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Moore v. Astrue

August 10, 2010


The opinion of the court was delivered by: Margaret A. Nagle United States Magistrate Judge


Plaintiff filed a Complaint on January 27, 2009, seeking review of the denial by the Social Security Commissioner ("Commissioner") of plaintiff's application for supplemental security income ("SSI"). On March 10, 2009, the parties consented to proceed before the undersigned United States Magistrate Judge pursuant to 28 U.S.C. § 636(c). The parties filed a Joint Stipulation on September 11, 2009, in which: plaintiff seeks an order reversing the Commissioner's decision remanding the matter for further administrative proceedings; and defendant seeks an order affirming the Commissioner's decision. The Court has taken the parties' Joint Stipulation under submission without oral argument.


On September 21, 2005, plaintiff filed an application for SSI, alleging an inability to work since August 1, 2001, due to thoracic outlet syndrome,*fn1 carpal tunnel syndrome, tendonitis, depression, and post-traumatic stress syndrome. (Administrative Record ("A.R.") 58-63, 82, 85-86.) Plaintiff has past relevant work experience as a secretary and a clerical assistant. (A.R. 20, 75, 86.)

The Commissioner denied plaintiff's application initially (A.R. 50-54), and on August 29, 2007, plaintiff, who was represented by counsel, testified at a hearing before Administrative Law Judge Charles L. Hall ("ALJ"). (A.R. 346-73.) On October 10, 2007, the ALJ denied plaintiff's application (A.R. 16-21), and the Appeals Council subsequently denied plaintiff's request for review of the ALJ's decision (A.R. 4-6).


The ALJ found that plaintiff has not engaged in substantial gainful activity since September 21, 2005, her application date. (A.R. 17.) The ALJ determined that plaintiff has "severe" bilateral carpal tunnel syndrome, but she does not have any impairment or combination of impairments that meet or medically equal one of the listed impairments in 20 C.F.R. Part 404, Subpart P, Appendix 1. (A.R. 17-18.) The ALJ found that plaintiff does not have a "severe" mental impairment. (A.R. 18.)

The ALJ concluded that plaintiff's medically determinable impairments could reasonably be expected to produce the alleged symptoms about which plaintiff complained, but that plaintiff's statements concerning the intensity, persistence, and limiting effects of her symptoms are "not entirely credible." (A.R. 19-20.) The ALJ determined that plaintiff is capable of performing her past relevant work as a secretary and clerical assistant. (A.R. 20.)

Accordingly, the ALJ found that plaintiff has not been under a disability, as defined in the Social Security Act, since September 21, 2005, the date her application was filed. (A.R. 21.)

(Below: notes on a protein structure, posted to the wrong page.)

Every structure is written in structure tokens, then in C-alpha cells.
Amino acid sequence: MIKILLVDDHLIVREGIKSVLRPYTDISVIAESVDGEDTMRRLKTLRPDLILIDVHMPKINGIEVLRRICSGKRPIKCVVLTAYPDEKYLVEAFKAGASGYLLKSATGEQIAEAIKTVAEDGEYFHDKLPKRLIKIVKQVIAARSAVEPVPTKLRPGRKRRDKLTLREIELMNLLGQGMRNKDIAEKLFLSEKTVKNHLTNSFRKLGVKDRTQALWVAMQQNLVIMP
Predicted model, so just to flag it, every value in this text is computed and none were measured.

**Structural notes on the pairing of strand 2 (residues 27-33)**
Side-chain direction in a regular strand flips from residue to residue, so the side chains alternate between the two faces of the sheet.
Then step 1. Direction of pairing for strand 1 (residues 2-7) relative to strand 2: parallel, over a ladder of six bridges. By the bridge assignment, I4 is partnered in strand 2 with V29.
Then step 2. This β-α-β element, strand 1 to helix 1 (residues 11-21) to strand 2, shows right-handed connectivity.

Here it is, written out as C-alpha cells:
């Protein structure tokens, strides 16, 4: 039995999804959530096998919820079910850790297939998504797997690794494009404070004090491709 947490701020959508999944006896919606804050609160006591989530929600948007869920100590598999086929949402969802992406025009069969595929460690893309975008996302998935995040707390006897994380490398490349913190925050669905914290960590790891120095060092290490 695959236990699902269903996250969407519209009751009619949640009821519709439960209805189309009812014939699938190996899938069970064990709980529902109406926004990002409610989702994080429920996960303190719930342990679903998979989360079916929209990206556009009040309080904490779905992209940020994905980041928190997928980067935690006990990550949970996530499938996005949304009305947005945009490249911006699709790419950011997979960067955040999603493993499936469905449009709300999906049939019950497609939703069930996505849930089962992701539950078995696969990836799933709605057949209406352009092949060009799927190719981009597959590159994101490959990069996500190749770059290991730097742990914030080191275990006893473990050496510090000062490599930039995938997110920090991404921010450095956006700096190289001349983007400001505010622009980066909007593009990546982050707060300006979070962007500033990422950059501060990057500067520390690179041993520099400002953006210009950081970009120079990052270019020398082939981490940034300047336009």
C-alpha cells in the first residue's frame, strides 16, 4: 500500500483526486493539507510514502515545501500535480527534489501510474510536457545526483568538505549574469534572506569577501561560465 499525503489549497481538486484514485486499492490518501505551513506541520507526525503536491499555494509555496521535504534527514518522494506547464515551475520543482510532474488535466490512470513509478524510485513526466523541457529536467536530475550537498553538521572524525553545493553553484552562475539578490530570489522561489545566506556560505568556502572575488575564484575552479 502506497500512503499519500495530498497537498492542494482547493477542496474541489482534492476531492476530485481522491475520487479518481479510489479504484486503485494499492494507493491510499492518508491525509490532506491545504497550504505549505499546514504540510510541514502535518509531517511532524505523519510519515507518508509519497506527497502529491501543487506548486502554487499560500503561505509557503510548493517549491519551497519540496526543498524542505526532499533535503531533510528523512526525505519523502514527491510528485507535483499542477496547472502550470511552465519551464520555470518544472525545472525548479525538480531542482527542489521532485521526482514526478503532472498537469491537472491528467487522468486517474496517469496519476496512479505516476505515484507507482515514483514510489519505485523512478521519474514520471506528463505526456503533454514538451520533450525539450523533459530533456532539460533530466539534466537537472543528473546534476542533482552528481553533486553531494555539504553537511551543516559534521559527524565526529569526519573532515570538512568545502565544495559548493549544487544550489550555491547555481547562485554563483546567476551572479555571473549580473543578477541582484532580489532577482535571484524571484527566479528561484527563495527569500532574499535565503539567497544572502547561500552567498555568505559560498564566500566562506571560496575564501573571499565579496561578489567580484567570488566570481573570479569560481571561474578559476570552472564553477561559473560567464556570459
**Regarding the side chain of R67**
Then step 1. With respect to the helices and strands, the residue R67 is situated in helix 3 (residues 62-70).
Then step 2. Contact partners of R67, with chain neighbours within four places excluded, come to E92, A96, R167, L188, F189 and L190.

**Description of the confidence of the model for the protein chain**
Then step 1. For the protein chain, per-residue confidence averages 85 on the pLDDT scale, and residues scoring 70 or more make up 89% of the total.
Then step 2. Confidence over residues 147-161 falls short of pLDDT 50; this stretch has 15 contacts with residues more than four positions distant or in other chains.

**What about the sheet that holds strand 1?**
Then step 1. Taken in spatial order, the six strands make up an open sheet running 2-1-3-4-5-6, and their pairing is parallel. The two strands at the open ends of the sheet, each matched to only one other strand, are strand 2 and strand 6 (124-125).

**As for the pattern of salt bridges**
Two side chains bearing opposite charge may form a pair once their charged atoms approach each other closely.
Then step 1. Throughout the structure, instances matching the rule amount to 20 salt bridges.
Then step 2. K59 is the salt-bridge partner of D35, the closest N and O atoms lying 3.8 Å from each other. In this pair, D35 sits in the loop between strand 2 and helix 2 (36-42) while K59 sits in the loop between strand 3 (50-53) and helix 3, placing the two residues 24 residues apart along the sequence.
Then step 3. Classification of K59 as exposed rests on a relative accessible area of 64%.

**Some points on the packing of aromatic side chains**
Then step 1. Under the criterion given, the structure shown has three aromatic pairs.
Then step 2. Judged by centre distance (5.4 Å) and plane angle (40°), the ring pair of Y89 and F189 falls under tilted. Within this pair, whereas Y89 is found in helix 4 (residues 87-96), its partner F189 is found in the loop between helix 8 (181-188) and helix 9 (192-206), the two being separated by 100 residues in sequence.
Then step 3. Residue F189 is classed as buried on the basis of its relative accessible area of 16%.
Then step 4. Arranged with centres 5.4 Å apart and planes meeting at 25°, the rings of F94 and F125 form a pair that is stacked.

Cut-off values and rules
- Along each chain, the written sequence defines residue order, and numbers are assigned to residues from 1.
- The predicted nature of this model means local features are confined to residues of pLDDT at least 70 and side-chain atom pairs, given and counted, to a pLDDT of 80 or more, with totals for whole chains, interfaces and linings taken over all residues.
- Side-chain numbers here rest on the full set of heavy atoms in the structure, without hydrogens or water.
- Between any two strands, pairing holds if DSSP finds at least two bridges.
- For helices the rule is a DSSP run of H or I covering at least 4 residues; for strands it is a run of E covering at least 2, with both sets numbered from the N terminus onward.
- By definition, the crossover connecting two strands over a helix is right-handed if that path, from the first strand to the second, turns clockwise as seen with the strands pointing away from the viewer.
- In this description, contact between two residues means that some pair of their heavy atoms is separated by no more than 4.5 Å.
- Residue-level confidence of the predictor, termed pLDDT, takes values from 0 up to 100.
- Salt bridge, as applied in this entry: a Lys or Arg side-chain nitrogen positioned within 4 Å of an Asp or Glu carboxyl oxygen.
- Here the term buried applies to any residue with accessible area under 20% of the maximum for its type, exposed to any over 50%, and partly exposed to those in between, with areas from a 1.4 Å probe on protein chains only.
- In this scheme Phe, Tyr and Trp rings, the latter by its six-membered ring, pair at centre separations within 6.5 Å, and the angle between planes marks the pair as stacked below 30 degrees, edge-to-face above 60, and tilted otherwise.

Under 42 U.S.C. § 405(g), this Court reviews the Commissioner's decision to determine whether it is free from legal error and supported by substantial evidence in the record as a whole. Orn v. Astrue, 495 F.3d 625, 630 (9th Cir. 2007). Substantial evidence is "'such relevant evidence as a reasonable mind might accept as adequate to support a conclusion.'" Id. (citation omitted). The "evidence must be more than a mere scintilla but not necessarily a preponderance." Connett v. Barnhart, 340 F.3d 871, 873 (9th Cir. 2003). While inferences from the record can constitute substantial evidence, only those "'reasonably drawn from the record'" will suffice. Widmark v. Barnhart, 454 F.3d 1063, 1066 (9th Cir. 2006)(citation omitted).

Although this Court cannot substitute its discretion for that of the Commissioner, the Court nonetheless must review the record as a whole, "weighing both the evidence that supports and the evidence that detracts from the [Commissioner's] conclusion." Desrosiers v. Sec'y of Health and Human Servs., 846 F.2d 573, 576 (9th Cir. 1988); see also Jones v. Heckler, 760 F.2d 993, 995 (9th Cir. 1985). "The ALJ is responsible for determining credibility, resolving conflicts in medical testimony, and for resolving ambiguities." Andrews v. Shalala, 53 F.3d 1035, 1039-40 (9th Cir. 1995).

The Court will uphold the Commissioner's decision when the evidence is susceptible to more than one rational interpretation. Burch v. Barnhart, 400 F.3d 676, 679 (9th Cir. 2005). However, the Court may review only the reasons stated by the ALJ in his decision "and may not affirm the ALJ on a ground upon which he did not rely." Orn, 495 F.3d at 630; see also Connett, 340 F.3d at 874. The Court will not reverse the Commissioner's decision if it is based on harmless error, which exists only when it is "clear from the record that an ALJ's error was 'inconsequential to the ultimate non-disability determination.'" ...

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